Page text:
Why is access to clean, safe water such a problem in majority-Black cities?

From Jackson, Mississippi to Flint, Michigan, aging water infrastructure is wreaking havoc in predominantly Black and brown communities. Leaders say help is on the way with federal funding from President Biden's infrastructure law.

Water is Earth’s most essential resource, yet access to it has been historically elusive for many Black and brown communities across the United States.

“If you cannot wake up in the wealthiest country in the history of the world and turn your faucet on and be able to use that water to cook, to drink, brush your teeth in … that is something we should never have to fathom with the amount of money that we have,” said Baltimore Mayor Brandon Scott during a recent interview with theGrio.

Baltimore Mayor Brandon Scott speaks during a news conference on May 17, 2021, in Baltimore, Maryland. (Photo: Alex Wong/Getty Images)

Scott governs one of the nation’s oldest water systems in the U.S. and recently led Baltimore through a short-lived emergency involving E. coli contamination in the city’s water. While city officials were able to treat the water and end a days-long boiled water advisory, what happened in Baltimore is emblematic of a larger issue happening in many predominantly Black and brown neighborhoods throughout the country.

Days before Baltimore announced that part of its city water tested positive for E. coli, most of the national attention was on Jackson, Mississippi. There, the predominantly Black city grappled with its own, larger crisis that left more than 150,000 residents without clean and safe water as a result of both the effects of climate change and an aging water system. The impact of unusually heavy rainfall in Mississippi’s capital caused flooding and an overflow at its local water plant, already in great need of repair. 

The crisis prompted a federal emergency declaration by President Joe Biden and visits from Biden-Harris administration officials, among them Deanne Criswell, administrator of the Federal Emergency Management Agency, and Environmental Protection Agency Administrator Michael Regan. 

Regan sat down with Jackson Mayor Chokwe Lumumba and Mississippi Gov. Tate Reeves after the two leaders publicly blamed each other for Jackson’s water crisis. Their joint meeting eventually led to all leaders vowing to do whatever is necessary on the federal, state and local levels to ensure that Jackson’s water system gets the repair funding it needs. Mayor Lumumba estimated the price tag to be as much as $1 billion. 

Whether in Jackson, Baltimore, or Flint, Michigan — which became the poster child for environmental justice after the city was left crippled by lead contamination in its water in 2014 — there is a common thread of underinvestment over the years in majority-Black zip codes.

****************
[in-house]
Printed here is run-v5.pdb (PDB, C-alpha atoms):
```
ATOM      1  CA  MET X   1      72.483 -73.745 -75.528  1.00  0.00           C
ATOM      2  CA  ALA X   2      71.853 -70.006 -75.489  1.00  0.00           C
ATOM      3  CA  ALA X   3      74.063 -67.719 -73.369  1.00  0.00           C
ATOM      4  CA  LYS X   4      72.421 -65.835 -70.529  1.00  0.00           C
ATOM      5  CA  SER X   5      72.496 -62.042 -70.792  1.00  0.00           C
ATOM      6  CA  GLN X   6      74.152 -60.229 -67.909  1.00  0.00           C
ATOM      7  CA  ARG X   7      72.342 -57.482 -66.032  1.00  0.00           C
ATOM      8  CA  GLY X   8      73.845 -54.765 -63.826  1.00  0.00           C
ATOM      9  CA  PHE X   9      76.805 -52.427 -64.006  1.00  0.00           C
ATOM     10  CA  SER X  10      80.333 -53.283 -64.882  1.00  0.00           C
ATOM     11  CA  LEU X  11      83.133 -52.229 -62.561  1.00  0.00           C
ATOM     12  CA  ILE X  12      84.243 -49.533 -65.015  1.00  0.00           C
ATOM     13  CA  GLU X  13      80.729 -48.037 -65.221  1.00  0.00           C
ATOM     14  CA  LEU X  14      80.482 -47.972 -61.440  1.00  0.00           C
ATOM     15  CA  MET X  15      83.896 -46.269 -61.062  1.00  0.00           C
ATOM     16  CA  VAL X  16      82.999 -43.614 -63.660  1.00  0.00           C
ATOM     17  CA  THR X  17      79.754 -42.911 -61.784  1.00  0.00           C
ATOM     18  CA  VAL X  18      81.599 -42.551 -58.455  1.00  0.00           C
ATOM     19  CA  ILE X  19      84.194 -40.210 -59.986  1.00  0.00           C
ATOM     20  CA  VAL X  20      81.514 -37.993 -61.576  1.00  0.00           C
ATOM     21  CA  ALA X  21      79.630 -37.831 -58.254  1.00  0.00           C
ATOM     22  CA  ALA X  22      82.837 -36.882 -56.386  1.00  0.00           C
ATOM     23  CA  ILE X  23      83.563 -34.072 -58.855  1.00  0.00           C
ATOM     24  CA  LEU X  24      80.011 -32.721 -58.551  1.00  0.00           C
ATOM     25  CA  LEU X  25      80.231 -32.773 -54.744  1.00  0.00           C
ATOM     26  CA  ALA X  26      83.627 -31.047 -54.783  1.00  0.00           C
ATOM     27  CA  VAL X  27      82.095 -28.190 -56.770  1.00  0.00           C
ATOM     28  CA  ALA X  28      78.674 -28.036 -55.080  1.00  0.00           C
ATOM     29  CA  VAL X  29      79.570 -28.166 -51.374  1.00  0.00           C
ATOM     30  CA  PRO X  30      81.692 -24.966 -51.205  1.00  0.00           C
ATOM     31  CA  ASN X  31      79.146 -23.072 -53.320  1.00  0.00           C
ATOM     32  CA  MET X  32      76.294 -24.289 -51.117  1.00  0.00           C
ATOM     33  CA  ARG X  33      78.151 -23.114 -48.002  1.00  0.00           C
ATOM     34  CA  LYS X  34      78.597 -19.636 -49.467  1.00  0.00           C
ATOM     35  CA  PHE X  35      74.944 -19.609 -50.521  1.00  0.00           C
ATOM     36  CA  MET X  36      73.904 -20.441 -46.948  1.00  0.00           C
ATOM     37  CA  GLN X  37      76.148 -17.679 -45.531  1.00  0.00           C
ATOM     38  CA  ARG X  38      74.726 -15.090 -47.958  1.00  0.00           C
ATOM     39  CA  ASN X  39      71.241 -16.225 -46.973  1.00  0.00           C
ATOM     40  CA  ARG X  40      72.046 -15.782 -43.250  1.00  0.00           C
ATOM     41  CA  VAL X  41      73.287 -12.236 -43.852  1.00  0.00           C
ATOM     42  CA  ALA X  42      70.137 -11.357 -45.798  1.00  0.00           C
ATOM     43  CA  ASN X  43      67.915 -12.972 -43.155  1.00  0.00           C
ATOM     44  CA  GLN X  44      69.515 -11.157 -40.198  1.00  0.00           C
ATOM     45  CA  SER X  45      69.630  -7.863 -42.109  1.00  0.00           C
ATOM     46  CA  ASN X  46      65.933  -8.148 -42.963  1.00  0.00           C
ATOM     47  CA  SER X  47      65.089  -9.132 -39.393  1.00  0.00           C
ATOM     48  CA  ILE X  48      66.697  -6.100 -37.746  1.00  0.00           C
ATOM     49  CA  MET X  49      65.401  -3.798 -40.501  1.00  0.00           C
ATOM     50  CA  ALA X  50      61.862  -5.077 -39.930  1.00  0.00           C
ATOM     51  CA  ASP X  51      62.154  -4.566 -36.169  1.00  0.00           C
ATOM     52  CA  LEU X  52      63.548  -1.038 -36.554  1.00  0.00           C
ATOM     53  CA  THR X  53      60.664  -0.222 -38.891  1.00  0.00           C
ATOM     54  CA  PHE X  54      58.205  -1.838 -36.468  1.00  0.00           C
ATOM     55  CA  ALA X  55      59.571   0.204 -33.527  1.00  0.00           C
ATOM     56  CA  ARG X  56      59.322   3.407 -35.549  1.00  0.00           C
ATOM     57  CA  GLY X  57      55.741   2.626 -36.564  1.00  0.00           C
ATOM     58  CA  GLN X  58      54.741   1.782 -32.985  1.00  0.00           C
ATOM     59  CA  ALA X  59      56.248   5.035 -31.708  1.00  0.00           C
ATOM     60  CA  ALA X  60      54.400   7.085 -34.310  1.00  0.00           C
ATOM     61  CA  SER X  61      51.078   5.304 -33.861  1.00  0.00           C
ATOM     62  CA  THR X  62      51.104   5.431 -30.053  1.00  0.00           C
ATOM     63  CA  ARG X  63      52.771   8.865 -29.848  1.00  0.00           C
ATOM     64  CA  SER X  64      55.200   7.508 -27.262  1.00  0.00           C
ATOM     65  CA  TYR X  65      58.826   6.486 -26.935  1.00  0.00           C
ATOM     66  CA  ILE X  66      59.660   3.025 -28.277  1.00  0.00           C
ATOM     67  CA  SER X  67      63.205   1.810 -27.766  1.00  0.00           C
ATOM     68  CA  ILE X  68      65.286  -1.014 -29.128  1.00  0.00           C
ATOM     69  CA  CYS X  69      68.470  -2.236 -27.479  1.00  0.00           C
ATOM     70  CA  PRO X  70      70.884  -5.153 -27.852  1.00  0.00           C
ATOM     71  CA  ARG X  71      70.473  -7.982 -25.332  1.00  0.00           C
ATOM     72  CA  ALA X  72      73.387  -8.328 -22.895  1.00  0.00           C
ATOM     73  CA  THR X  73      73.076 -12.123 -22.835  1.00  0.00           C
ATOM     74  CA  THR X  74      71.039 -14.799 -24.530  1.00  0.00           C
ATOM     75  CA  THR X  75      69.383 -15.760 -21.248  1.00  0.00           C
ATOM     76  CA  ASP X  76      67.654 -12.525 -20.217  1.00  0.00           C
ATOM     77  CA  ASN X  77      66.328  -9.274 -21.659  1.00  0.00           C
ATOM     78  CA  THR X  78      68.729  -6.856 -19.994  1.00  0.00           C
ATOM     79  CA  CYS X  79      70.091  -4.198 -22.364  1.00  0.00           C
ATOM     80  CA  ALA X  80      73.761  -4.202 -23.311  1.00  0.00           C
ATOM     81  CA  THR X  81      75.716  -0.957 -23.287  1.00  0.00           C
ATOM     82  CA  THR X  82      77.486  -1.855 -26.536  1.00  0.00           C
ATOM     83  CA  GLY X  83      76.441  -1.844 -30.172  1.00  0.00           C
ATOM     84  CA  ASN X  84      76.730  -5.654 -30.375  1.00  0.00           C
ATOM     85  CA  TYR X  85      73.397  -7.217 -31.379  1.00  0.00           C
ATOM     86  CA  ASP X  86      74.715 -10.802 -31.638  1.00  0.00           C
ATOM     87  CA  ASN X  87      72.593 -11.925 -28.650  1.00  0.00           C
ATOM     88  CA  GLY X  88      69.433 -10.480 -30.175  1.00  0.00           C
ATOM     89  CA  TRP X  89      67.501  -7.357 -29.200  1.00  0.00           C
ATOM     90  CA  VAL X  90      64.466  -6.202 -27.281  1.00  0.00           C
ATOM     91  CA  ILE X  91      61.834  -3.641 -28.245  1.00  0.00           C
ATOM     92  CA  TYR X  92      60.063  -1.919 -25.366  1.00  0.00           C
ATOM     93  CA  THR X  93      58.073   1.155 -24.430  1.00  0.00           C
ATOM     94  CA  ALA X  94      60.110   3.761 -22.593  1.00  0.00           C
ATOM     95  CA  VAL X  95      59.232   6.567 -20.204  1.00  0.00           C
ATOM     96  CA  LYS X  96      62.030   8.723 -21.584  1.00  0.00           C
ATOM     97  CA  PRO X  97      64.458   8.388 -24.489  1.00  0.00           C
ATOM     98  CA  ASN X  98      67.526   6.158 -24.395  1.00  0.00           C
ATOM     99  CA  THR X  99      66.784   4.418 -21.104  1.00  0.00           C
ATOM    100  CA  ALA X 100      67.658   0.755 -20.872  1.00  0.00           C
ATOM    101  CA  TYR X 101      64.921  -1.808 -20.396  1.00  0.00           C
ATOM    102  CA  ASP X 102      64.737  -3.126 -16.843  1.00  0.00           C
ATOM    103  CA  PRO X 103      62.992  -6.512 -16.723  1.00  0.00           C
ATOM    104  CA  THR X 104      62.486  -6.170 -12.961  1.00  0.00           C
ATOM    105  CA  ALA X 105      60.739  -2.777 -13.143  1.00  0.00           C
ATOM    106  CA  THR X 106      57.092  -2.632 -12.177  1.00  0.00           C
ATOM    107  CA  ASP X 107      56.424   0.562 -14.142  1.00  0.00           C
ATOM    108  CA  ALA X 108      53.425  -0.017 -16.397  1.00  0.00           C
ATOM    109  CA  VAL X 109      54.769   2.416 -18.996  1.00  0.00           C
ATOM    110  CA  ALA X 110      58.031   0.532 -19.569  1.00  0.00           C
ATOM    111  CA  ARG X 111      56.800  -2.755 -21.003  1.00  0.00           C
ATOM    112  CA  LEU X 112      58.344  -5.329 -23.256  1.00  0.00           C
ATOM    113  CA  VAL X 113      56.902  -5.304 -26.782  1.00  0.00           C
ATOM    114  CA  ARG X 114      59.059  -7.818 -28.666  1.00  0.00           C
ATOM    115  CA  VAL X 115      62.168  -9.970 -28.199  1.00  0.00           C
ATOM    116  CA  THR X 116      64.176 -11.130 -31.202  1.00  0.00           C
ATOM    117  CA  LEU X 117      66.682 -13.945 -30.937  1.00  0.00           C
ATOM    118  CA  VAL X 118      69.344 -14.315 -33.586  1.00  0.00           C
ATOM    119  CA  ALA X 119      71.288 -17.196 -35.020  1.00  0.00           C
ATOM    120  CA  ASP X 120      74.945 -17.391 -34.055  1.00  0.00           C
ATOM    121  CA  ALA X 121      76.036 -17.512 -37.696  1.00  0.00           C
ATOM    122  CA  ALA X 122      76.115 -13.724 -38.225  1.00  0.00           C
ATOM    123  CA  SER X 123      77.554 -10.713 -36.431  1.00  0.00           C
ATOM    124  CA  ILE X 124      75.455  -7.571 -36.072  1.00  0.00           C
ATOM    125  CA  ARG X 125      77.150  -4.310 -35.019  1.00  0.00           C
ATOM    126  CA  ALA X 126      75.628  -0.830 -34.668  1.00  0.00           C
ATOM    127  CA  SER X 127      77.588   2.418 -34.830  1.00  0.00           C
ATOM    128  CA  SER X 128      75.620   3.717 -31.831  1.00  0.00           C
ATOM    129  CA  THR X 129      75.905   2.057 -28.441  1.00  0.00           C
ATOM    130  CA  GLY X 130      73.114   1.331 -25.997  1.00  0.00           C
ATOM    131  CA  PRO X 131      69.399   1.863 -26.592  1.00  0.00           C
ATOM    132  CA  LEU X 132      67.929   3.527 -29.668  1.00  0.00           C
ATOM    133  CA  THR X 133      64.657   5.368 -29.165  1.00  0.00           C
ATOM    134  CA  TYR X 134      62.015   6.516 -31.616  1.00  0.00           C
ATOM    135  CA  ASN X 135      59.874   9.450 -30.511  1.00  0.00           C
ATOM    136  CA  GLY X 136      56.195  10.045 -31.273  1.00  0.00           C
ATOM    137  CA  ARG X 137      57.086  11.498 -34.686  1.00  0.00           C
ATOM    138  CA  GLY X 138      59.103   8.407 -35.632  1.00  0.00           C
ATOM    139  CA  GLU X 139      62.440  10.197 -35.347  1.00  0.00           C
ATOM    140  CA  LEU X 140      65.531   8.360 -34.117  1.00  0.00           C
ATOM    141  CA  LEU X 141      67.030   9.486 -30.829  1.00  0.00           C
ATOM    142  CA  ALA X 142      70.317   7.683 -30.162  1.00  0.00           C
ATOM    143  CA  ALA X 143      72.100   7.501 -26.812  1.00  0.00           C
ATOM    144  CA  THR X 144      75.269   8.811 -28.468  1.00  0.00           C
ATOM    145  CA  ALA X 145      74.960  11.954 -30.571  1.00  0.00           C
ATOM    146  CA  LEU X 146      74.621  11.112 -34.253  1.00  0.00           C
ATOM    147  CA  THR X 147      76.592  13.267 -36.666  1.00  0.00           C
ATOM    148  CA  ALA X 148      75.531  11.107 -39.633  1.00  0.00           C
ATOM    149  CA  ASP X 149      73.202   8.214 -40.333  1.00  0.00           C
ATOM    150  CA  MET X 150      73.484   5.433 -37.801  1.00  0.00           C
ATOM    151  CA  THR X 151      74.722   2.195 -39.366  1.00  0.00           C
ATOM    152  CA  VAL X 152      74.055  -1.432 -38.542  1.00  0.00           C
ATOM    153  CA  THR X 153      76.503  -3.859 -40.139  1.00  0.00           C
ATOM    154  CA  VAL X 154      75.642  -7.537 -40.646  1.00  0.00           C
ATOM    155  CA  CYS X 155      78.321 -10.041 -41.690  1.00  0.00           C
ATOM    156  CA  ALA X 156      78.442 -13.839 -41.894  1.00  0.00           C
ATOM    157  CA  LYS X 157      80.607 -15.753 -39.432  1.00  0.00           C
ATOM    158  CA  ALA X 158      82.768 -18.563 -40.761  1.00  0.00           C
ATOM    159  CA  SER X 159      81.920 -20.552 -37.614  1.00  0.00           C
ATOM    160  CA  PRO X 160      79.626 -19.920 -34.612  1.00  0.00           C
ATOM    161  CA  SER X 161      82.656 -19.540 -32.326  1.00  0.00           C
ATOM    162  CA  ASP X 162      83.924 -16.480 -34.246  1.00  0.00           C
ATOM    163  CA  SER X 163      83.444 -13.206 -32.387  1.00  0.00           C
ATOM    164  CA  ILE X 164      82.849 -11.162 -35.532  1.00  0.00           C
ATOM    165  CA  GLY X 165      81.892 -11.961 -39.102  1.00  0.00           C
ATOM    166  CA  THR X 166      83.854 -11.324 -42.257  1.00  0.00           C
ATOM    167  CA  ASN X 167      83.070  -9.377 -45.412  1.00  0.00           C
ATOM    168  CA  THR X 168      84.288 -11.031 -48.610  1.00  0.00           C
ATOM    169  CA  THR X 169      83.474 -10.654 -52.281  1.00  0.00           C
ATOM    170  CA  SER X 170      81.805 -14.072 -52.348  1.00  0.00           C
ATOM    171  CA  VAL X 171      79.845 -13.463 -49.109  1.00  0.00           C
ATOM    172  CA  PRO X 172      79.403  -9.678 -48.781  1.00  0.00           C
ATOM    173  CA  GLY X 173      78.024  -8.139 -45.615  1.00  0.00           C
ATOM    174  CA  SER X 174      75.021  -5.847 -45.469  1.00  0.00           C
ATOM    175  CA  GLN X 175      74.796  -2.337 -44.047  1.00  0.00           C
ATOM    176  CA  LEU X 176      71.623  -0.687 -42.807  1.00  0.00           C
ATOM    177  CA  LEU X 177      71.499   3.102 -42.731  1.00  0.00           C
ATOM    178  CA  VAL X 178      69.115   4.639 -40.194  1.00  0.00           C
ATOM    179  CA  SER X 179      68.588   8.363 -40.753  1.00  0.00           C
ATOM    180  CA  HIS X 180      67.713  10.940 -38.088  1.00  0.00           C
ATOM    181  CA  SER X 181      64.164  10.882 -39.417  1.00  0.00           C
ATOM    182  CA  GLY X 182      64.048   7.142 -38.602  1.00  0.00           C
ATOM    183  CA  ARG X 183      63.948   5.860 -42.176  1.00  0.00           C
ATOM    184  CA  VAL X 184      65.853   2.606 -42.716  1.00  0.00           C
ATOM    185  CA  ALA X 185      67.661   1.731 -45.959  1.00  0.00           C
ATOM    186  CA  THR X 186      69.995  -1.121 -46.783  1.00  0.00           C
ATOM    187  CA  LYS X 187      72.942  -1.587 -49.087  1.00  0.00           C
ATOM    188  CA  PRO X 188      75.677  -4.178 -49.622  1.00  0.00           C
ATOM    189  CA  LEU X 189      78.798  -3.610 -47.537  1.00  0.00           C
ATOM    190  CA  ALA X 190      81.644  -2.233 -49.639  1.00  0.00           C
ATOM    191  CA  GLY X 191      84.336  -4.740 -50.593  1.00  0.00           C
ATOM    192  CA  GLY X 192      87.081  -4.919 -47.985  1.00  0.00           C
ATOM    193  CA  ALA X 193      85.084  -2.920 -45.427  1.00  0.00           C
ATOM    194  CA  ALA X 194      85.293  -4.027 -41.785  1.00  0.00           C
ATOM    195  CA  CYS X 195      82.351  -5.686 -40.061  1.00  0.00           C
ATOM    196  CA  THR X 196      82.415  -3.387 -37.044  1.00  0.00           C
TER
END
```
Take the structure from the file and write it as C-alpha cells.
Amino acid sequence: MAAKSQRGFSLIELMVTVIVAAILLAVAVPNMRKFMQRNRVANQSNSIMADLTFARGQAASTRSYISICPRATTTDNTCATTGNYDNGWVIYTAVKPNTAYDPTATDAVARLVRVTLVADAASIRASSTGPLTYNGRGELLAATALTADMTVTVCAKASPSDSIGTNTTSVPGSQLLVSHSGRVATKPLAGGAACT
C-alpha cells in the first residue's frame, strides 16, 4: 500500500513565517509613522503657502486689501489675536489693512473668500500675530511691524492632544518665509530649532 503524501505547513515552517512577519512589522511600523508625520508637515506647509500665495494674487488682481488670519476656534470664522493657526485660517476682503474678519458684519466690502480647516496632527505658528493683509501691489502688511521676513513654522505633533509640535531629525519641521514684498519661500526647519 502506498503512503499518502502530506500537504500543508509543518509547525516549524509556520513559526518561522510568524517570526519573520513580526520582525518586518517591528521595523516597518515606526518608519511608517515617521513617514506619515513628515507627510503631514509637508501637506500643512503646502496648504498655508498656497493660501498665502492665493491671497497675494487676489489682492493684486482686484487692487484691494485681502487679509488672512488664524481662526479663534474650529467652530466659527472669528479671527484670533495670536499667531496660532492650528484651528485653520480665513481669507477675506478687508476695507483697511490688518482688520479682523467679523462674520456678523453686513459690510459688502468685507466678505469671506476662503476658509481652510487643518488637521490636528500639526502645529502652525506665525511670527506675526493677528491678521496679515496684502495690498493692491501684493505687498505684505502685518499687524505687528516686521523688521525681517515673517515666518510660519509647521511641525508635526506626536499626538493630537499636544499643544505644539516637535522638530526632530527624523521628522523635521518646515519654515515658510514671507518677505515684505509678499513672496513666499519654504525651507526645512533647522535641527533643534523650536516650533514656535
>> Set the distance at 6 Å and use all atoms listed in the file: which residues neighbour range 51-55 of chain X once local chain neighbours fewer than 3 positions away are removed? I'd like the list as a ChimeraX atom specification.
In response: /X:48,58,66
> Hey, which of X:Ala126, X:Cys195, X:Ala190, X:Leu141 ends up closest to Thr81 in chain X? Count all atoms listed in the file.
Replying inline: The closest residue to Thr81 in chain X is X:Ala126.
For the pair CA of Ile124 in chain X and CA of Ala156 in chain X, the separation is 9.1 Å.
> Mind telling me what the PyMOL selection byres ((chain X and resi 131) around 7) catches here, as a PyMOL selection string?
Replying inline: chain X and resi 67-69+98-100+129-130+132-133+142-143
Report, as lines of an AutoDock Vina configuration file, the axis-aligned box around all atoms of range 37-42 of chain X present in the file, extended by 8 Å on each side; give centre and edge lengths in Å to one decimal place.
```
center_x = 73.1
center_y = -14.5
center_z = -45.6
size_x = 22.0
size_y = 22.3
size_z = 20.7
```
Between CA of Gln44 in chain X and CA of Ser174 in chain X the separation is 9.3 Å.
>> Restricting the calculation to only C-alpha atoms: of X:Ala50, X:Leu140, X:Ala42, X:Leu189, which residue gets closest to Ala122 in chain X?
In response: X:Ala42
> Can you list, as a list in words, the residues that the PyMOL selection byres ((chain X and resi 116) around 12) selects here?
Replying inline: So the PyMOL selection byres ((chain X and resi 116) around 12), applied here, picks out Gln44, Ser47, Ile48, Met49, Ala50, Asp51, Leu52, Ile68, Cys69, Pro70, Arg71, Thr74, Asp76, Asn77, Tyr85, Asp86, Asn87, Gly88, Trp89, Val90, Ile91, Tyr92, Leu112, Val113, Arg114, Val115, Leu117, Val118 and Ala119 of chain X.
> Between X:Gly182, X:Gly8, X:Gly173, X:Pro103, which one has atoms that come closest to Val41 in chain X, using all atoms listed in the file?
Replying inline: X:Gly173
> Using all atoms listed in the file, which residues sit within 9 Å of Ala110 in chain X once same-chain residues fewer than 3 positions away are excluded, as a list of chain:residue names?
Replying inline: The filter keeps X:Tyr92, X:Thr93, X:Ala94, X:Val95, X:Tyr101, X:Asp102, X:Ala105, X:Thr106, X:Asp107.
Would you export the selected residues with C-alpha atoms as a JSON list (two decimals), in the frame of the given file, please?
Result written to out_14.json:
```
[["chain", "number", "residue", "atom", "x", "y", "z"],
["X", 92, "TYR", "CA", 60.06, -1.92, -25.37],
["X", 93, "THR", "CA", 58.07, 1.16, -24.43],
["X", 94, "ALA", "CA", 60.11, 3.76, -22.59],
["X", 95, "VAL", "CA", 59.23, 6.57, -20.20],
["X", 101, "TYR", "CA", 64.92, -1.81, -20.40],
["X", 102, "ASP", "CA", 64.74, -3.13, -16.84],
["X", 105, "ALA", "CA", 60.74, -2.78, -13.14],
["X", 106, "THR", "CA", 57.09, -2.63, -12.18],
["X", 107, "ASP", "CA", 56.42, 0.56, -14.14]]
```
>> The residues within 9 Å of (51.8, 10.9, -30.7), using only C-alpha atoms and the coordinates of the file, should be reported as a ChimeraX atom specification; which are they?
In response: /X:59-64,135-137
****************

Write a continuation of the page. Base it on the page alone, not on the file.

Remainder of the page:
“There is no question that Black and brown communities disproportionately suffer from a lack of access to clean safe water, more so than white communities,” EPA Assistant Administrator Radhika Fox, who runs the agency’s water office, told theGrio. “There are a lot of factors that have led to this, but underinvestment is a huge problem.”

President Biden and EPA Administrator Regan, she said, share “a deep commitment to environmental justice and equity,” adding, “we are working hard to make sure that all communities get their fair share.” 

Environmental Protection Agency Administrator Michael Regan speaks at a news conference on May 5, 2022, at the Department of Justice in Washington. The EPA is warning residents in 13 states and Puerto Rico about potential health risks from emissions of ethylene oxide, a chemical widely used to sterilize medical equipment and decontaminate spices. (Photo: Patrick Semansky/AP, File)

Fox said the EPA is providing technical assistance to disadvantaged communities so they can access federal funding from the Bipartisan Infrastructure Law signed by President Biden last year, which allocated $50 billion for water infrastructure improvement. However, states will have to apply for those dollars on behalf of their cities and towns. In the case of Mississippi, Regan — whose agency would have to approve any application for environmental infrastructure projects — committed to ensuring that a significant portion of the $400 million available goes to Jackson.

In a statement to theGrio, Regan recalled meeting with Jackson residents, including a 98-year-old woman, Ollie Mae Anderson, who had to rely on bottled water to brush her teeth and bathe. “This is unacceptable in the United States of America,” he said. “The people of Jackson — like all people in this country — deserve access to clean and safe water. EPA will continue to work with city and state officials to make that a reality.”

Leaders like Mayor Scott in Baltimore say federal investment from Biden’s infrastructure law is long overdue. “Infrastructure has been ignored in what we call legacy cities for far, far too long … especially in cities where much of this infrastructure was built with federal assistance,” said Scott. The 38-year-old mayor — who said that growing up in Baltimore, the water not being safe to drink was commonplace — described the soon-to-come federal funding as “heaven sent.”

“It is the most significant assistance that cities have received in generations,” said Scott. “No, this alone will not solve the infrastructure issues for Baltimore or any other city, but when you’re talking about decades of neglect and decades of mis- and disinvestment, you have to have a significant starting point.”